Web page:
Phil Mickelson went from hero to zero as Saudi comments soured PGA Championship win

Phil Mickelson was due to be in Southern Hills this week to defend his PGA Championship title, instead he remains banned from the PGA Tour as his “hiatus” from golf continues.

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Mickelson signs up for controversial LIV Golf Invitational

Just 12 months ago Phil Mickelson found himself at the forefront of the golf world. Throughout his stellar career, Mickelson has heralded himself as one of the sport’s all-time greats, and that seemed to be crowned when he became golf’s oldest major champion in 2021.

The American rolled back the years to capture last year’s PGA Championship win with two shots at Kiawah Island in what was arguably the most impressive of his six big wins. Twelve months later, the second major of 2022 begins without its defending champion.

A year on from his triumph, Mickelson’s legacy couldn’t be further from Kiawah Island as the controversial Saudi-backed LIV Golf Series proves a thorn at the heart of his reputation.

The breakaway circuit has sent shockwaves through the golfing world over the past year, and Mickelson has found himself at the center of the saga. Initially, it seemed like the six-time major champion would be the event’s poster child, with his name often associated with the creation of the series.

While his open interest remained behind closed doors, his assault on the PGA Tour — the track where he spent most of his professional career — was made very public. His attack began in February this year when he accused the US-based tour of “insufferable greed” over players’ media rights.

For many, Mickelson’s comments seemed a little rich after the American netted £75million in winnings while taking part on the tour. With his name heavily linked to the controversial Saudi-backed circuit, it seemed his onslaught on the tour would be the perfect escape from prison to join the mega-riches of the new Breakaway series.

Phil Mickelson became the 2021 PGA champion.


(Getty Images)

While those comments unsurprisingly created an uproar between Mickelson, the Tour and the wider golfing world, what came next left his legacy in tatters. In quotes released for the creation of his new biography, the American’s anti-PGA Tour and Pro-LIV Series campaign quickly took a sharp turn.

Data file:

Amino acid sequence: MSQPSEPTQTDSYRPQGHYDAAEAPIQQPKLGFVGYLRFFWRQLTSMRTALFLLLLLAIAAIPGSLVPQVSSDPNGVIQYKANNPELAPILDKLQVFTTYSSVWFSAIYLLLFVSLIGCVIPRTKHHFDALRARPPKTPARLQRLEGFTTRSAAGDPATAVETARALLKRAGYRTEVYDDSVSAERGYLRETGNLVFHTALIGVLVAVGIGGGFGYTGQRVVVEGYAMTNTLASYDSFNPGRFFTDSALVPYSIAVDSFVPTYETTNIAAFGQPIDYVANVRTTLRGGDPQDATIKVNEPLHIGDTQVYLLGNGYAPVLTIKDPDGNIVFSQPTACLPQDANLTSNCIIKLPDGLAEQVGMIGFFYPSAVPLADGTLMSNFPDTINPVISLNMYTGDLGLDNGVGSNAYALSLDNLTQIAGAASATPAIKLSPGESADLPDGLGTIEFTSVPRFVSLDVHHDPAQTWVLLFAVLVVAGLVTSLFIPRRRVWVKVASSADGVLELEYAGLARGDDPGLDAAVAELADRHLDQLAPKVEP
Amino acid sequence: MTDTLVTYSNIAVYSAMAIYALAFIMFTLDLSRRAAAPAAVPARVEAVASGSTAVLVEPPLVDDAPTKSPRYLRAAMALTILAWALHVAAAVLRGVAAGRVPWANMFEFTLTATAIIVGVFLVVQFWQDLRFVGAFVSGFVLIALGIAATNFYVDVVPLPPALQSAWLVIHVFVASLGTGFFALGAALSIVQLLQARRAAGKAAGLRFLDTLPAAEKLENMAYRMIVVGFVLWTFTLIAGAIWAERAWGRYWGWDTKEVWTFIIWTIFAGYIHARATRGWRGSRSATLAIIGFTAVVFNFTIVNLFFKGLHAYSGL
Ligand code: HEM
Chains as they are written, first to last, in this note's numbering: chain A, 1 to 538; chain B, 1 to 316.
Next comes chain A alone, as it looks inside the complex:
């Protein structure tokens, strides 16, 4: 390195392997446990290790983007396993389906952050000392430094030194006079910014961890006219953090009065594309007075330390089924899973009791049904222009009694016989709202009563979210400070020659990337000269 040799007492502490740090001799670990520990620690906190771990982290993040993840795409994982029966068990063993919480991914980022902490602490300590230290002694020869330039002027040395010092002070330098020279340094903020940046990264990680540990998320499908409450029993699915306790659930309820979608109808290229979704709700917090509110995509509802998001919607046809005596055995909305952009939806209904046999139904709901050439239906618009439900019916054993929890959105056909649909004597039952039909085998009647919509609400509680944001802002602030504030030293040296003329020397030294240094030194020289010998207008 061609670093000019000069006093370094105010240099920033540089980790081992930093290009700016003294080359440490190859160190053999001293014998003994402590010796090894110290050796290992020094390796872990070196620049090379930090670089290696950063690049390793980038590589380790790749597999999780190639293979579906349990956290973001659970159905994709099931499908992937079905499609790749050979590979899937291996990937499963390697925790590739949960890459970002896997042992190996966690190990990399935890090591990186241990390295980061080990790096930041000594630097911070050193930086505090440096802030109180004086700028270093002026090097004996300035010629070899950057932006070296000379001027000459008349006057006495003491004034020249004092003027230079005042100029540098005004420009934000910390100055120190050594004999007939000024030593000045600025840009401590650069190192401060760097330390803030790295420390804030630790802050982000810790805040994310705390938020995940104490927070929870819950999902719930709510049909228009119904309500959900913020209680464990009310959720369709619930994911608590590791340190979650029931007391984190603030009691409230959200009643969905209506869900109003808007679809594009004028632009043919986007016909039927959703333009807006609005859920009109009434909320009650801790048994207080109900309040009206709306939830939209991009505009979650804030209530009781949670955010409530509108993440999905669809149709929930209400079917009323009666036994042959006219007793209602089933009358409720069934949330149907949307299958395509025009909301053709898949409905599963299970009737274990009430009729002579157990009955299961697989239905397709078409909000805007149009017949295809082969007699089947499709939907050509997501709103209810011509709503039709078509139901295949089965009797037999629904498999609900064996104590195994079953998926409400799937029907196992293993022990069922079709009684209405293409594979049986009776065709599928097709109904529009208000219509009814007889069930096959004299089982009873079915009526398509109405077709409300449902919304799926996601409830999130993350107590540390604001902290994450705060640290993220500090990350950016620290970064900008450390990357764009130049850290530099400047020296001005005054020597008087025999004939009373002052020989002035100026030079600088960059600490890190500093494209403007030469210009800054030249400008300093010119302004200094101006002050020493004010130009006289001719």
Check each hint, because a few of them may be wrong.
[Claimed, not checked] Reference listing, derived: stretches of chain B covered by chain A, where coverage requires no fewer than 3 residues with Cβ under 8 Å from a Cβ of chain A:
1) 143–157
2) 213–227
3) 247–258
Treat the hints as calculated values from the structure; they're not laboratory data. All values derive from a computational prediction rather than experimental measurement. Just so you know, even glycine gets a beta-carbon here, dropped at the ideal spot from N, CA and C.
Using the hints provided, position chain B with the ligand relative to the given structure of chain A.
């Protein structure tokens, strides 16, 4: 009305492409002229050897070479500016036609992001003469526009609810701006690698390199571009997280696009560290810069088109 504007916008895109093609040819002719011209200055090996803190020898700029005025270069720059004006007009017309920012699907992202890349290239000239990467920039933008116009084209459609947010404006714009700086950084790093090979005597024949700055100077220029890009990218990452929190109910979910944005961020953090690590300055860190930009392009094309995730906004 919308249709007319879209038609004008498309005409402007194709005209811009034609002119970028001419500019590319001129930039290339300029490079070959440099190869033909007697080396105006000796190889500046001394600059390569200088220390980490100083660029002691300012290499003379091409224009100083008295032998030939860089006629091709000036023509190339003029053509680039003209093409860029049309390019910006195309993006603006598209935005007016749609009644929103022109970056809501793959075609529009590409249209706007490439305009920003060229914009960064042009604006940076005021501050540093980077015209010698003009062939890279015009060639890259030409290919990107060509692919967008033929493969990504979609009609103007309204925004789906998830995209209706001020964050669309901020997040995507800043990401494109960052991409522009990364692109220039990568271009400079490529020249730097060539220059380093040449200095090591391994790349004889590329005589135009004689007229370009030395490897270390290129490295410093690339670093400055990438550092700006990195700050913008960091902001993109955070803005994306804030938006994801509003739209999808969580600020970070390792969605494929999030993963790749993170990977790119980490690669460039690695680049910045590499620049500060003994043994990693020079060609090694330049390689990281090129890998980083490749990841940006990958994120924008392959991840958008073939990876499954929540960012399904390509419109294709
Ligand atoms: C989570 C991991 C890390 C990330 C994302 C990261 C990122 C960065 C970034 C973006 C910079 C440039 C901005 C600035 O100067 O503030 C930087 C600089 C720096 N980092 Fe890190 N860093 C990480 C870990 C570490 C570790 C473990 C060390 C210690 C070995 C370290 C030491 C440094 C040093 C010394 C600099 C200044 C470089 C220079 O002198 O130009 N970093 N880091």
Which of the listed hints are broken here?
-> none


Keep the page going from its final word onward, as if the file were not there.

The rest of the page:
During an interview with Shipnuck, the six-time Major winner opened up about the controversies surrounding Saudi Arabia, describing the state as “creepy shit.” His comments related to the Saudis’ poor human rights record and more specifically to the assassination of Washington Post journalist Jamal Khashoggi.

Despite his concerns, Mickelson went on to hint that the horrific human rights story surrounding the Saudis was “influential” on the PGA Tour and its bosses. This seemed to be the beginning of the end for a man once considered one of the PGA Tour’s greatest players when a submissive apology ensued.

When and where do you think Mickelson will return to golf? Let us know in the comment section below.

Phil Mickelson has endorsed Greg Norman and the LIV series.


WME IMG via Getty Images)

Within that apology came the announcement that he was taking a break from competitive golf, causing him to miss the Masters for the first time in 28 years, but the real question was whether he would defend his PGA crown a month later. Well, he originally agreed to do so after his return was confirmed – alongside his application to attend the LIV series inaugural event at the Centurion Club next month.

His interest in attending the Saudi-backed inaugural event came as no surprise given his previous support, but one aspect that shocked many was the PGA Tour’s decision to block those who had applied to be released. It was originally thought that the circuit would give the green light to those who applied as the event was not being held on American soil.

However, Tour Commissioner Jay Monahan had other ideas and, in conjunction with the DP World Tour, decided to reject all bids to compete at the Saudi circuit in June. A week after that decision, another reversal took place when Mickelson further confirmed that despite his first appearance, he would not be defending his Southern Hills title.

Whether that was affected by Monhan’s decision to block his Saudi move remains to be seen, but pulling out of his title defense with less than a week to go shows Mickelson’s relationship with the PGA Tour is in tatters. It’s not yet known when – or if – the 51-year-old will return, but what is certain is that the glittering reputation cemented on Kiawah Island 12 months ago is long gone.

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